02 April 2013

Mushroom, Thyme & Ricotta Tartine

My last couple of batches of ricotta have, well, they have failed & not resulted in homemade fresh cheese.  I had no idea why as I was doing what I had always done.  At Cook the Books Cheese & Vegetarian class earlier this week I found out why.  My beautiful, sweet , juicy lemons are just not acidic enough to work the magic that separates the curds from the whey to deliver a batch of  fresh, creamy homemade ricotta. With that problem solved homemade ricotta is back on the agenda.  It really couldn’t be easier, plus it tastes wonderful, light & creamy, & even better it will cost you a smidgen of the bought stuff on the supermarket shelves. 

Alongside the fresh creamy ricotta Autumn, albeit so far a wonderfully sunny Autumn, was putting me in the mood for earthy & rustic.  Thyme in the garden & mushrooms in the fridge the perfect combination for a quick & speedy lunch on top of some crunch baguette.

I could have called these bruschetta, or even a plain old open sandwich of sorts, but since we had baguette I felt a leaning towards France & called them tartines!

tar·tine [tahr-teen; French tar-teen]
1. a fancy French open-faced sandwich topped with spreadable ingredients.
2. a piece of bread spread with butter, jam, etc.

Mushroom, Thyme & Ricotta Tartine


1 baguette
Olive oil
2 cups mushrooms, roughly sliced
2 tbsp thyme leaves, plus a few more for garnish
Ricotta, bought or homemade*
Salt & pepper

*Homemade Ricotta

2 litres whole milk (homogenised - it’s the silver top in NZ)
1 tsp plain salt (un-iodised)
1 tsp citric acid dissolved in a 1/4 cup of cool water


Place the milk & salt in a heavy saucepan & bring to the boil over a medium heat, stirring constantly.  The milk needs to reach at least 90C / 195F & it is easiest to check with a milk thermometer.  If you don’t have a thermometer just keep a careful eye on it.  Once the milk comes to the boil remove it from the heat.  Stir in the dissolved citric acid & leave it to stand for 1 minute.  It will thicken in to curds & separate.  Leave the ricotta to stand for 30 minutes or up to 4 hours.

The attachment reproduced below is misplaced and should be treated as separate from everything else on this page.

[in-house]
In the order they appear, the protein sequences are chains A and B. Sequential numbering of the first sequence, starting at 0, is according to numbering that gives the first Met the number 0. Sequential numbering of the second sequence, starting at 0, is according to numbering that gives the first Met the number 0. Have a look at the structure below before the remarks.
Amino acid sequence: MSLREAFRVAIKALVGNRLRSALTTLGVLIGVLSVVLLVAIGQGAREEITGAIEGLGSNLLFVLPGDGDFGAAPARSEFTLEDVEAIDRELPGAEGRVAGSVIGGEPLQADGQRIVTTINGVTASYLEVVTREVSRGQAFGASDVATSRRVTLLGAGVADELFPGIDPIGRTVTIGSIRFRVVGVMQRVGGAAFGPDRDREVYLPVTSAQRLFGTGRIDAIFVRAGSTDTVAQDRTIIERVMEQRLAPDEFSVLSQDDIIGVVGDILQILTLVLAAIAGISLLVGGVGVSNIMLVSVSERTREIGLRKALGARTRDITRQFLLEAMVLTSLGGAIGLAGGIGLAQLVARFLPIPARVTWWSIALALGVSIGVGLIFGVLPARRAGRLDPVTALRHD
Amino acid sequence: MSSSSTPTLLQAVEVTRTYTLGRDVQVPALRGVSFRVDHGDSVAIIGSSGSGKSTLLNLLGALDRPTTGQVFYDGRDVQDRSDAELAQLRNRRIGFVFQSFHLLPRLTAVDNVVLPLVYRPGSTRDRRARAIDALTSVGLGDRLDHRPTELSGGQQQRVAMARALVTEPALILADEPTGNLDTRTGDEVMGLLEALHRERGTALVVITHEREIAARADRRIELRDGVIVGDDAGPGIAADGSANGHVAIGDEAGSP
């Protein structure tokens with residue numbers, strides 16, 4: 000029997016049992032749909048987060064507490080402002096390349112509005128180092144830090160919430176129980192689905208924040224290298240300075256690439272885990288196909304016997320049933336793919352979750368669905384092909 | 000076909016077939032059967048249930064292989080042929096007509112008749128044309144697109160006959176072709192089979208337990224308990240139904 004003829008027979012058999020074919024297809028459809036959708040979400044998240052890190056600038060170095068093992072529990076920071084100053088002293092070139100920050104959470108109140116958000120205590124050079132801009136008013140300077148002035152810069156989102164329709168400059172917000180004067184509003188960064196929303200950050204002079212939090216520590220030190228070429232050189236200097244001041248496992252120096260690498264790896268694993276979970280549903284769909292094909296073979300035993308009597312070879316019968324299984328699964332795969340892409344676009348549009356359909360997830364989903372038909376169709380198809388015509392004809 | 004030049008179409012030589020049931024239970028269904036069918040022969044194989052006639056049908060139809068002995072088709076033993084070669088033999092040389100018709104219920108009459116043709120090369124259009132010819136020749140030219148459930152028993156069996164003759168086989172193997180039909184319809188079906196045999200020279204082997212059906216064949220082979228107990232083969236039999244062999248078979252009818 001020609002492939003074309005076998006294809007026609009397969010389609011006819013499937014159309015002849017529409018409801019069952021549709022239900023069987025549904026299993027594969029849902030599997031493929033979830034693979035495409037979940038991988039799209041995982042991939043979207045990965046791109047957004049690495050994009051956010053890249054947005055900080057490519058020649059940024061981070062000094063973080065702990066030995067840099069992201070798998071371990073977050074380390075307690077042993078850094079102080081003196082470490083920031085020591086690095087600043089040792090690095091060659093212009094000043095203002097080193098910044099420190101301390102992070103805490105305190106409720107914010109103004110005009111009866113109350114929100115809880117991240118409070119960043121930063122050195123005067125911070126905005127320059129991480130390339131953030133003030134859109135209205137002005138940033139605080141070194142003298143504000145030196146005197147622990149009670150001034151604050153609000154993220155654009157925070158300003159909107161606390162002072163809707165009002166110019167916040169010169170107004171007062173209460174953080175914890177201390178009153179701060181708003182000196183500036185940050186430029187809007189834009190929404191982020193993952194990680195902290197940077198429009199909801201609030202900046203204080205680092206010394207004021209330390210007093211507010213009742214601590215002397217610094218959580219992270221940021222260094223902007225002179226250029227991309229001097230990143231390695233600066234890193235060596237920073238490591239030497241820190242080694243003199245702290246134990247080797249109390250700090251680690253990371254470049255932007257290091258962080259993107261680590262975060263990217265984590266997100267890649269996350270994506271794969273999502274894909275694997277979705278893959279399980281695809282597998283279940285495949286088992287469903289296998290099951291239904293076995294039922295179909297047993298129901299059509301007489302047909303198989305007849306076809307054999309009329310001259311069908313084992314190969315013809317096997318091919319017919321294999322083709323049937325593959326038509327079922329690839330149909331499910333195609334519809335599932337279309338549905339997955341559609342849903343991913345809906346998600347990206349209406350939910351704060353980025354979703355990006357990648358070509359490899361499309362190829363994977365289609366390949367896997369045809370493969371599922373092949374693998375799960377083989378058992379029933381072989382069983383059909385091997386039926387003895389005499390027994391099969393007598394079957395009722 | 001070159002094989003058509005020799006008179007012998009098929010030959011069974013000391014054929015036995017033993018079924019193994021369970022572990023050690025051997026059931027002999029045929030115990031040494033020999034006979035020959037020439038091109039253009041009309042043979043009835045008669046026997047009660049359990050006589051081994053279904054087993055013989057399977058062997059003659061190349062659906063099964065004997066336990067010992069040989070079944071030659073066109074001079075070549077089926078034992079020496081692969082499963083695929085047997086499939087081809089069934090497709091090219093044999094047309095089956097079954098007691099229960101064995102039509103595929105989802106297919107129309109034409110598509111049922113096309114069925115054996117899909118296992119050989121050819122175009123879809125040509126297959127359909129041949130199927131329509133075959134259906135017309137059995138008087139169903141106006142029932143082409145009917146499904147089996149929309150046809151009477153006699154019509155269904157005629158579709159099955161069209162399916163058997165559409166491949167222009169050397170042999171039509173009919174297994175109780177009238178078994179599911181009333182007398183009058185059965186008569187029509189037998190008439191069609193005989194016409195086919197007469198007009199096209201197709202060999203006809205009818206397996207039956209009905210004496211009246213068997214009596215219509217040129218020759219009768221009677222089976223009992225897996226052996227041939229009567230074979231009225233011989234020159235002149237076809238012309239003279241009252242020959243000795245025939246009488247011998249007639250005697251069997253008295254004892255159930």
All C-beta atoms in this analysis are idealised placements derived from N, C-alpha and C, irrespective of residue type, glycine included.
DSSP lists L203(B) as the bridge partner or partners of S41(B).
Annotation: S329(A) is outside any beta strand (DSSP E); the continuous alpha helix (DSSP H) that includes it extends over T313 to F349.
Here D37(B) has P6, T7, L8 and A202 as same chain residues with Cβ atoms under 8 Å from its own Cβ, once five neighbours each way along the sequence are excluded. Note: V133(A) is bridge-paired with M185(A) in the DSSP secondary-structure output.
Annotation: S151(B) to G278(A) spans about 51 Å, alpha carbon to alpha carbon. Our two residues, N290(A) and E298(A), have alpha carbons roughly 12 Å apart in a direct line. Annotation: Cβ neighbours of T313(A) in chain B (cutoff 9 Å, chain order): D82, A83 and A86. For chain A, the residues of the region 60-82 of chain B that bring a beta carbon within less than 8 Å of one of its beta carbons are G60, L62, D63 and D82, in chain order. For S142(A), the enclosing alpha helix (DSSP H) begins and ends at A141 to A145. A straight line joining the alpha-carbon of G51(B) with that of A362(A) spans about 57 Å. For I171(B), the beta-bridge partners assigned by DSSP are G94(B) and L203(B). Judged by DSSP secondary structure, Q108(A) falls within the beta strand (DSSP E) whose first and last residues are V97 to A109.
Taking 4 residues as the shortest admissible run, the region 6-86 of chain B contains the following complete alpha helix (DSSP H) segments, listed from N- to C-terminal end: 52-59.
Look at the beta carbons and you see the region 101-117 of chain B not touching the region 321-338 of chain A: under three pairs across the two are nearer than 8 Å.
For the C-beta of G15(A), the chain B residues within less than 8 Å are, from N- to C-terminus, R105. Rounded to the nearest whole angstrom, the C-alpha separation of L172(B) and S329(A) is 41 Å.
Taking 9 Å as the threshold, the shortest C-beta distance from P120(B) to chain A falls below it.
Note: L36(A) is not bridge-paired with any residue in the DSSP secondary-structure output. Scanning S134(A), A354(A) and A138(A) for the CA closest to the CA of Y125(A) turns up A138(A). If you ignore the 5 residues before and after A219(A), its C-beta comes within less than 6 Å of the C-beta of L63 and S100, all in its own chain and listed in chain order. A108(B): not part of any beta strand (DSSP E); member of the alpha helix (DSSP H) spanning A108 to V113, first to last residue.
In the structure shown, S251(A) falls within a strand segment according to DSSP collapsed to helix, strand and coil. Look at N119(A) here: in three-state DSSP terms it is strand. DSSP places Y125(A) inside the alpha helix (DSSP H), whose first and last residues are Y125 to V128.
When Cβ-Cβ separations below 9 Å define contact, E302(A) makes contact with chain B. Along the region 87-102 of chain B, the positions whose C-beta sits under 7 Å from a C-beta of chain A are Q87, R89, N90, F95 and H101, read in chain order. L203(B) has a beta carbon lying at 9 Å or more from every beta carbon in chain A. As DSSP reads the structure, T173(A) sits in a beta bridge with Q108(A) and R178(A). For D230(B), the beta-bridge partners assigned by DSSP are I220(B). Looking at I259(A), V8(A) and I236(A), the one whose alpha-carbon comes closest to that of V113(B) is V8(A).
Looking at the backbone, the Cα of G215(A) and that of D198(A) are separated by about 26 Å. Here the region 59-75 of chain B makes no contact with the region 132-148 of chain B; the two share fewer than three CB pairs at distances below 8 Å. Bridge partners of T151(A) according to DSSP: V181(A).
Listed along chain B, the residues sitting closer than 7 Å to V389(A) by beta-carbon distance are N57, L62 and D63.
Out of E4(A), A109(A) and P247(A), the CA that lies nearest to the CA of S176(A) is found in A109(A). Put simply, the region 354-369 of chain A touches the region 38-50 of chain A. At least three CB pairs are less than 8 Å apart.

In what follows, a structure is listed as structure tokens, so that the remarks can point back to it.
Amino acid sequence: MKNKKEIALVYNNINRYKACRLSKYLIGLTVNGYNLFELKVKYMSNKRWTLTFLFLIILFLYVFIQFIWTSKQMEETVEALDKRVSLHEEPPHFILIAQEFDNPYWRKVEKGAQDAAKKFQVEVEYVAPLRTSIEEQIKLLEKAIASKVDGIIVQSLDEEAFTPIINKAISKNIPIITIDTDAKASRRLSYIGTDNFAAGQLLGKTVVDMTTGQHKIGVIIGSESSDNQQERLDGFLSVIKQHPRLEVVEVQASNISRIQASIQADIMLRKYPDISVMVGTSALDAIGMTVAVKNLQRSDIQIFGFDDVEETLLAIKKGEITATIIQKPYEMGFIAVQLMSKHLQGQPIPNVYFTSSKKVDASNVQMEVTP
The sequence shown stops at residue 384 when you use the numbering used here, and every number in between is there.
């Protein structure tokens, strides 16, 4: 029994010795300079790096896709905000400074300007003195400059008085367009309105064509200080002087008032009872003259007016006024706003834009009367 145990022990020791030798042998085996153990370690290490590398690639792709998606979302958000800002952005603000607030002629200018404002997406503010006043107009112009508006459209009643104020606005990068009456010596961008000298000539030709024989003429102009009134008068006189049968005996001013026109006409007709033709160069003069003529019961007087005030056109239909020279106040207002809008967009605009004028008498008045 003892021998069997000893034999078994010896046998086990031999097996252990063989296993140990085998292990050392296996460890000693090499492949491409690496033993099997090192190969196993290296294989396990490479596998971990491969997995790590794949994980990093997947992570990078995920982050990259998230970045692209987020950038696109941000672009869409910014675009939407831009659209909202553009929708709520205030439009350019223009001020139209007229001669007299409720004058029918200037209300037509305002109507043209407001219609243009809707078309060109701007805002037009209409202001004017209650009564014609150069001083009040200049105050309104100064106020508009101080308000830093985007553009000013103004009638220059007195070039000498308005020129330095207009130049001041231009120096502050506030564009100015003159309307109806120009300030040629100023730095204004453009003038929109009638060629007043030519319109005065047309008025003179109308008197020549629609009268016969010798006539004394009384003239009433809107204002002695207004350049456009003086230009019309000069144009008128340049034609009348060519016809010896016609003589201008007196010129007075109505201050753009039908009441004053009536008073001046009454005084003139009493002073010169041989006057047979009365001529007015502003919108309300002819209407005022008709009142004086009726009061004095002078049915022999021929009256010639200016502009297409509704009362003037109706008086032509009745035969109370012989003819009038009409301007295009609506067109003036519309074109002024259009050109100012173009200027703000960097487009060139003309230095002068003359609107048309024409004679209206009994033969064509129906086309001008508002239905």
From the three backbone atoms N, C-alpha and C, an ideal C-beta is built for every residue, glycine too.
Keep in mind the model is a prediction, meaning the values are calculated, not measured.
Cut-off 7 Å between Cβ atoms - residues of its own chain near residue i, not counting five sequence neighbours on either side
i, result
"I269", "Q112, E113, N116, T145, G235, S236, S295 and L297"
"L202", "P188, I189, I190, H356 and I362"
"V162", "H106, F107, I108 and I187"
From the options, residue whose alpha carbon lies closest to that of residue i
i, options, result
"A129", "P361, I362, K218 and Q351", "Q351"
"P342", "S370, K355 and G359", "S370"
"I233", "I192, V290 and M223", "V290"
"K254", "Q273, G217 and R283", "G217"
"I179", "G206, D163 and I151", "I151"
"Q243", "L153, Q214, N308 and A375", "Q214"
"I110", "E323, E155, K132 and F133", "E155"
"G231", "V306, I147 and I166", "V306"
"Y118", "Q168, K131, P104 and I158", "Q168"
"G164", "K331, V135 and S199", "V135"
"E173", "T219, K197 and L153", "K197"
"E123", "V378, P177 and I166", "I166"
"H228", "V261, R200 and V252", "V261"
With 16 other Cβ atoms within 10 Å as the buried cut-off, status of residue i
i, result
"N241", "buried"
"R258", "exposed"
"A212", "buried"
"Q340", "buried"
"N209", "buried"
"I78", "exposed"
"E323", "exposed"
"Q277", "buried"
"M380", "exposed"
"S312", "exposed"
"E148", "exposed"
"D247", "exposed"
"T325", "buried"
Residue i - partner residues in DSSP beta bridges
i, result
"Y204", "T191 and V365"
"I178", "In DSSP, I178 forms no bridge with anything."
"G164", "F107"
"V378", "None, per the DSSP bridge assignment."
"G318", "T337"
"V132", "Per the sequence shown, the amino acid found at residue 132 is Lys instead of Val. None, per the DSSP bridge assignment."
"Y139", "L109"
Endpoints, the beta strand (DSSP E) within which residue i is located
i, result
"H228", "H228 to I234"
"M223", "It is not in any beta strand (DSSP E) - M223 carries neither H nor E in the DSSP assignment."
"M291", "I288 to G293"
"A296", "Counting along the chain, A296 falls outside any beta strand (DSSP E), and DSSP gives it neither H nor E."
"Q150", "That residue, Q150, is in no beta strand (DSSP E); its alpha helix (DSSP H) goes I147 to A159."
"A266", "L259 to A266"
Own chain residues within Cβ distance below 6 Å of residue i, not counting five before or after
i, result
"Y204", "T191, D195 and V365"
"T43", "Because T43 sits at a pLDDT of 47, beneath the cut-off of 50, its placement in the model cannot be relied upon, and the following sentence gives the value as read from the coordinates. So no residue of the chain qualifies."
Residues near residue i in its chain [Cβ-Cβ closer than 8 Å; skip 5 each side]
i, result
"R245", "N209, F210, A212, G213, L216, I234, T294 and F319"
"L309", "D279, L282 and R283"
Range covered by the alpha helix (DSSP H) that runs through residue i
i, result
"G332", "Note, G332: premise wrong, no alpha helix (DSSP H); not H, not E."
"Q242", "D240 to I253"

With a slotted spoon carefully layer the curds in to the ricotta basket or in to a colander lined with muslin.  Leave the ricotta to drain until you have your desired consistency, the longer you leave it the drier & more crumbly as opposed to moister & creamier.  Store in an airtight container & store in the fridge where it will keep for up to a week.

For all things cheese head over to Mad Millie 

Pre heat oven to 180C / 350F

Slice the baguette on the diagonal in to 2 cm / 1 inch sliced.  Place on baking tray & drizzle with a little olive oil.  Place in the oven & bake for 10-15 minutes, until crisp & golden.  Remove from the oven & set aside.

While the tartine are baking sauté the mushrooms.  Add a little olive oil to a frying pan & heat over a medium high heat.  Add the mushrooms & season with a little salt & pepper.  Add the thyme & sauté until cooked through & you have a little colour on the mushrooms.  Remove from the heat & set aside.

Smear a good amount of ricotta on each tartine, top with mushrooms, a few fresh thyme leaves & a little drizzle of truffle oil.

Et voila, lunch is served.  A little waft of truffle, earthy mushrooms & thyme, settle in to creamy ricotta over crispy, crunchy baguette.

If you like this you might like this Mushroom & Rocket Salad with Truffle Honey Vinaigrette
One year ago Banana Loaf



  1. Mushrooms & thyme are such a "made for each other" combo, aren't they? Love this idea for a quick and easy autumn lunch, Mairi, and I love that you made your own ricotta. I've also found that using citric acid instead of lemon juice gets consistently better results.

    1. Yes I'll be sticking with the citric acid from now on :) And yes something wonderful about mushrooms, thyme & ricotta :)

  2. Oh, Mairi, I adore everything on this tartine! I haven't made ricotta in ages and you're inspiring me to do so. Simply scrumptious!

  3. It's true. All edible fungi - including those ordinary white button mushrooms sold in supermarkets - are capable of preventing and reversing cancerous cellular changes. We aren't exactly sure why. Perhaps it's because fungi search out, concentrate, and share with us the trace minerals we need to build powerful, healthy immune systems. Or perhaps it's because of their wealth of polysaccharides - interesting complex sugars that appear to be all round health-promoters. It could be because mushrooms are excellent sources of protein and B vitamins with few calories and no sodium. Or we could single out the anti-cancer, anti-tumor, and anti-bacterial compounds found in the stalk, caps, gills, and even the underground structures (mycelia) of every edible mushroom. buy mdma pills New Zeland

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